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I am working on an ASP.NET MVC application which consists of a website where all the JavaScript, CSS and images are hosted and then the main web app which uses the resources hosted on this website.

Lets say that the resource url is resources.example.com and the web app url is webapp.example.com

One of the JavaScript files IE9.js (http://code.google.com/p/ie7-js/) in order to work makes a request to the CSS file (resources.example.com/styles.css), this however gets blocked as the request is to another domain this is because of the same origin policy (http://en.wikipedia.org/wiki/Same_origin_policy).

I thought I had found a way around this using the Access-Control-Allow-Origin header to the resources.example.com site. My understanding of this was that this would then allow any requests made to the resources.example.com website would be permitted provided they were in that header.

To try this out I added the header to the web.config of the website as follows:

<httpProtocol>
  <customHeaders>
    <add name="Access-Control-Allow-Origin" value="*"/>
  </customHeaders>
</httpProtocol>

Which I thought would allow any request the permission to run, but when I step through IE9.js to the point where the request is made it still catches a PermissionDenied error when requesting the CSS file resources.example.com/styles.css.

The CSS has to be hosted on the other domain and IE9.js needs to be able to request it. I believe that the answer is to do with these HTTP headers but that I might have misunderstood how to use them.

Any insight on this issue would be appreciated. As an aside I should add that the javascript file is linked to from the google code website:

<!--[if lt IE 9]>
<script src="http://ie7-js.googlecode.com/svn/version/2.1(beta4)/IE9.js"></script>
<![endif]-->

in a conditional comment and this is only an issue in IE. Any solution has to work in IE7+.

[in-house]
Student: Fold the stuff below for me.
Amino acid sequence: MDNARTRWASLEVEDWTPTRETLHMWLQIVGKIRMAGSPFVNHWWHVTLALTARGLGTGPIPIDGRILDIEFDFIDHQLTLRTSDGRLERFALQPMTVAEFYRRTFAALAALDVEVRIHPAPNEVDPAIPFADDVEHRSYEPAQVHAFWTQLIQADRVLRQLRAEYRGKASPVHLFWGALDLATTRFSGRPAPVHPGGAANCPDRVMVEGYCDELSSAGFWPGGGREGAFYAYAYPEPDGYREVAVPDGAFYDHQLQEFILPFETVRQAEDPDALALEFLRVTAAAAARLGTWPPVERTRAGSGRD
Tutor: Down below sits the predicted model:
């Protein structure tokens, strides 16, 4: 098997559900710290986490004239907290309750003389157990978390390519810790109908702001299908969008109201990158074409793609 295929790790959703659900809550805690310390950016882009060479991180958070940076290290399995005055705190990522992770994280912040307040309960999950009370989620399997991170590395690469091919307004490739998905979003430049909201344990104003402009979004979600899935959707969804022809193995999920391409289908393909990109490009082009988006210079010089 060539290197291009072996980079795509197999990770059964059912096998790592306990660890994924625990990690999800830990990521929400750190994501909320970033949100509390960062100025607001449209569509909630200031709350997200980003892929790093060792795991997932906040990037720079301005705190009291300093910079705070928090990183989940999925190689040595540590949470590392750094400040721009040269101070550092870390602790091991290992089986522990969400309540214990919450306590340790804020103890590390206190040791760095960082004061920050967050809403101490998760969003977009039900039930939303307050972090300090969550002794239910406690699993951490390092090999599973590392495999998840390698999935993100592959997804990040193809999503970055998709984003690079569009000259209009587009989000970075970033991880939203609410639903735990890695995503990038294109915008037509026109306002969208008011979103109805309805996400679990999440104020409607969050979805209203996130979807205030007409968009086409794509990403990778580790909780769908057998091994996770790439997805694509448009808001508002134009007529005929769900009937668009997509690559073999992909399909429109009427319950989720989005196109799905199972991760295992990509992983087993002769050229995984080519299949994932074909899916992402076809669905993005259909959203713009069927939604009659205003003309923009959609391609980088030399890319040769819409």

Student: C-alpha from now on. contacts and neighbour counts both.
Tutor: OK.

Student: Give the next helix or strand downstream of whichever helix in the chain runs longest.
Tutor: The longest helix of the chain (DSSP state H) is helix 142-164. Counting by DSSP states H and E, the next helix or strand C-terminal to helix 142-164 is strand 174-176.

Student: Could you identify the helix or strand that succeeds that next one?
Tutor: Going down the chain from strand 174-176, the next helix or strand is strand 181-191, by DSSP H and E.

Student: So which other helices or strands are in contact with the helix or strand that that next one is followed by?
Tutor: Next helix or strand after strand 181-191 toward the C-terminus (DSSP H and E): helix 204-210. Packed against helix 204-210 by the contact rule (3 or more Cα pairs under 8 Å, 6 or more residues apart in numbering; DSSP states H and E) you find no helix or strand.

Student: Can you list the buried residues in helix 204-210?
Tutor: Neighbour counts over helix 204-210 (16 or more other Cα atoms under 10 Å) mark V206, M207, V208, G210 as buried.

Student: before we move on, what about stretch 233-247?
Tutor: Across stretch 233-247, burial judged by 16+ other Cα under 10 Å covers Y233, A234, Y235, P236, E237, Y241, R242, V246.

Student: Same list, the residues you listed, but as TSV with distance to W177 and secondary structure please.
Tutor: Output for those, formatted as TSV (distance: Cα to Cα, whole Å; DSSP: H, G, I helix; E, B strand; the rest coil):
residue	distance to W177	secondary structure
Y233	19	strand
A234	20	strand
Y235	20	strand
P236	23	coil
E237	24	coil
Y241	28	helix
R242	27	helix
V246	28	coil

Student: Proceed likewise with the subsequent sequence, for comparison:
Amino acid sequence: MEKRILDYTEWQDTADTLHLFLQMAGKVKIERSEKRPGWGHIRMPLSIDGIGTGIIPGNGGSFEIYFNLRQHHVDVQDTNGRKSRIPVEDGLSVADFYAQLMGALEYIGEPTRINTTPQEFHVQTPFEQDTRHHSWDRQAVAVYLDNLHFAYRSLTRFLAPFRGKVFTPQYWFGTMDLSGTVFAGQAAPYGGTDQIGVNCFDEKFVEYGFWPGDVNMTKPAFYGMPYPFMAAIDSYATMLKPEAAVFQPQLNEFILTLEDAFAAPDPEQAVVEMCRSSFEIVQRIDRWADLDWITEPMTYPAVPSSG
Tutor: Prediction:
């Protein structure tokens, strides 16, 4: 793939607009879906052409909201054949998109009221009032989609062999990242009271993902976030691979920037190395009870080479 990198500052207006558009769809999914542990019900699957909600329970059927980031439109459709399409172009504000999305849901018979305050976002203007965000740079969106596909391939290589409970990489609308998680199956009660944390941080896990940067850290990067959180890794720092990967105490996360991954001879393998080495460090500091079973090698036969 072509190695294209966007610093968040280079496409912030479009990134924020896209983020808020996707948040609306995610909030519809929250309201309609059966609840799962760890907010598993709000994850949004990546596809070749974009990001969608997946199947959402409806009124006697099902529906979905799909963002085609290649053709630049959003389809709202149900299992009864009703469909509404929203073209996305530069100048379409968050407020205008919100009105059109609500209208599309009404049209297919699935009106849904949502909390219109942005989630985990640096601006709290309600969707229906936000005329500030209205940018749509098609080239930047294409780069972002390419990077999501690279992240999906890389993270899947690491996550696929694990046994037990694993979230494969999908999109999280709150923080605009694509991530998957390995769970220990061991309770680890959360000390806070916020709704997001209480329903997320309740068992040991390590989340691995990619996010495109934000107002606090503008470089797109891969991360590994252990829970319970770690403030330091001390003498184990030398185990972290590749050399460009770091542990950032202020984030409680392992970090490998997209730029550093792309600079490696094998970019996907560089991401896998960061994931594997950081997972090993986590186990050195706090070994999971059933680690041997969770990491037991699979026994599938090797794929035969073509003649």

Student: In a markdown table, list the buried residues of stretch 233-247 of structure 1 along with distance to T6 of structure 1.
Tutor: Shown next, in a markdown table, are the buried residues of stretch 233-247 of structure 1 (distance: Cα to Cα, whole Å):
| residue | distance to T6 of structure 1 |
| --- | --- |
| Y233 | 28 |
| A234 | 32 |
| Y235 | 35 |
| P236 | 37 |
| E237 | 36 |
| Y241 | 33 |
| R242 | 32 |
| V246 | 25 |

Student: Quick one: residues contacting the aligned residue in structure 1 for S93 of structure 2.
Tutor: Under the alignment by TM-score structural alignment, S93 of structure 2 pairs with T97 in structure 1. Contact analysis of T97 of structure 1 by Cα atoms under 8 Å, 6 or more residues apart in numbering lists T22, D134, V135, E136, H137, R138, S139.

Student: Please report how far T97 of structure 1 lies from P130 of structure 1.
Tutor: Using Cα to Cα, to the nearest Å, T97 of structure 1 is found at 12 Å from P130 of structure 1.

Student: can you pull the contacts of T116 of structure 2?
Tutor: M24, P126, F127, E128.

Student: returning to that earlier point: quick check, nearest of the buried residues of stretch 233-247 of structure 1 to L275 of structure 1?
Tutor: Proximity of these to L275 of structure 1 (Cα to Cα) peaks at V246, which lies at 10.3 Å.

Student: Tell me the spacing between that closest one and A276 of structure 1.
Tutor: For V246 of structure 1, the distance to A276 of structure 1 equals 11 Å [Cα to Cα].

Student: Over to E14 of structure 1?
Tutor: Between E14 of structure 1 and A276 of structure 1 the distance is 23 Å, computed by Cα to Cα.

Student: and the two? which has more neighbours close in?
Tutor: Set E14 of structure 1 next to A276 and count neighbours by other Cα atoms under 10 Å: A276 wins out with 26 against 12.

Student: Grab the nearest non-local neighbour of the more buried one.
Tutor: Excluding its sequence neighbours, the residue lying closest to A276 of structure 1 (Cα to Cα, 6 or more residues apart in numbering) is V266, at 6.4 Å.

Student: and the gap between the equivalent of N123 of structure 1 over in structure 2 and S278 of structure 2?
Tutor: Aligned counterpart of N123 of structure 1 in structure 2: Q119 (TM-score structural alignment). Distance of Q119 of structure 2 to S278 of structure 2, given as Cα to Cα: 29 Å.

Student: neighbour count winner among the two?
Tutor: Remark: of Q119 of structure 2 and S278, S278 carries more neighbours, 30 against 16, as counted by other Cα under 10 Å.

Update:

I have successfully made a request to the CSS using XDomainRequest object for IE. The content I am now getting back is gzipped so I just need to decode it and I should be away. I will post a full update and answer when I have it working.

Update:

Further to the last, the XDomainRequest object doesn't seem to support being able to modify the Accept-Encoding header which means that the response seems to always be returned encoded and decoding this will slow down the page load and doesn't feel right. Furthermore it appears that the XDomainRequest object is not supported in IE7 which is a required supported browser.

The only other thing I can think of is to set up a handler which IE9.js can call instead which will be on the same domain and load the contents of the required file. This also does not feel great but is the only other solution I can currently think of. Any other suggestions are welcome.

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Could you verify the browser is actually getting the CSS file with the newly added header? Is it possible that the browser is still using the cached version of the CSS file? –  Gz Zheng Feb 3 '12 at 15:02
    
Yes I can verify that any requests made to resources.example.com now include the header with key "Access-Control-Allow-Origin" and value "*". This header is currently returned with every request to the site. –  Aesir Feb 3 '12 at 15:12
    
possible duplicate of Cross-origin Ajax requests don't work in Opera and IE9? –  Quentin Feb 3 '12 at 15:14

2 Answers 2

A another way of solving this problem can be to put a reverse-proxy (such as Nginx) in front of IIS.

Then add location proxy_pass to both webapp.domain.com and resources.domain.com. In such a way that it defaults to webapp.domain.com, but if you uses webapp.domain.com/resources it goes of to resources.domain.com.

In this way the client only asks for one origin, hence on cross-site scripting.

This trick is also very handy when testing locally.

Just an idea...

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up vote 0 down vote accepted

In order to get around this issue I modified IE9.js file that was making the request to call a handler in the main MVC web app. This handler could then make the requests to the resources that IE9.js needed and thus it didn't need to make the request to the resources site directly itself.

In the scenario outlined in the question I was unable to find another solution to the problem.

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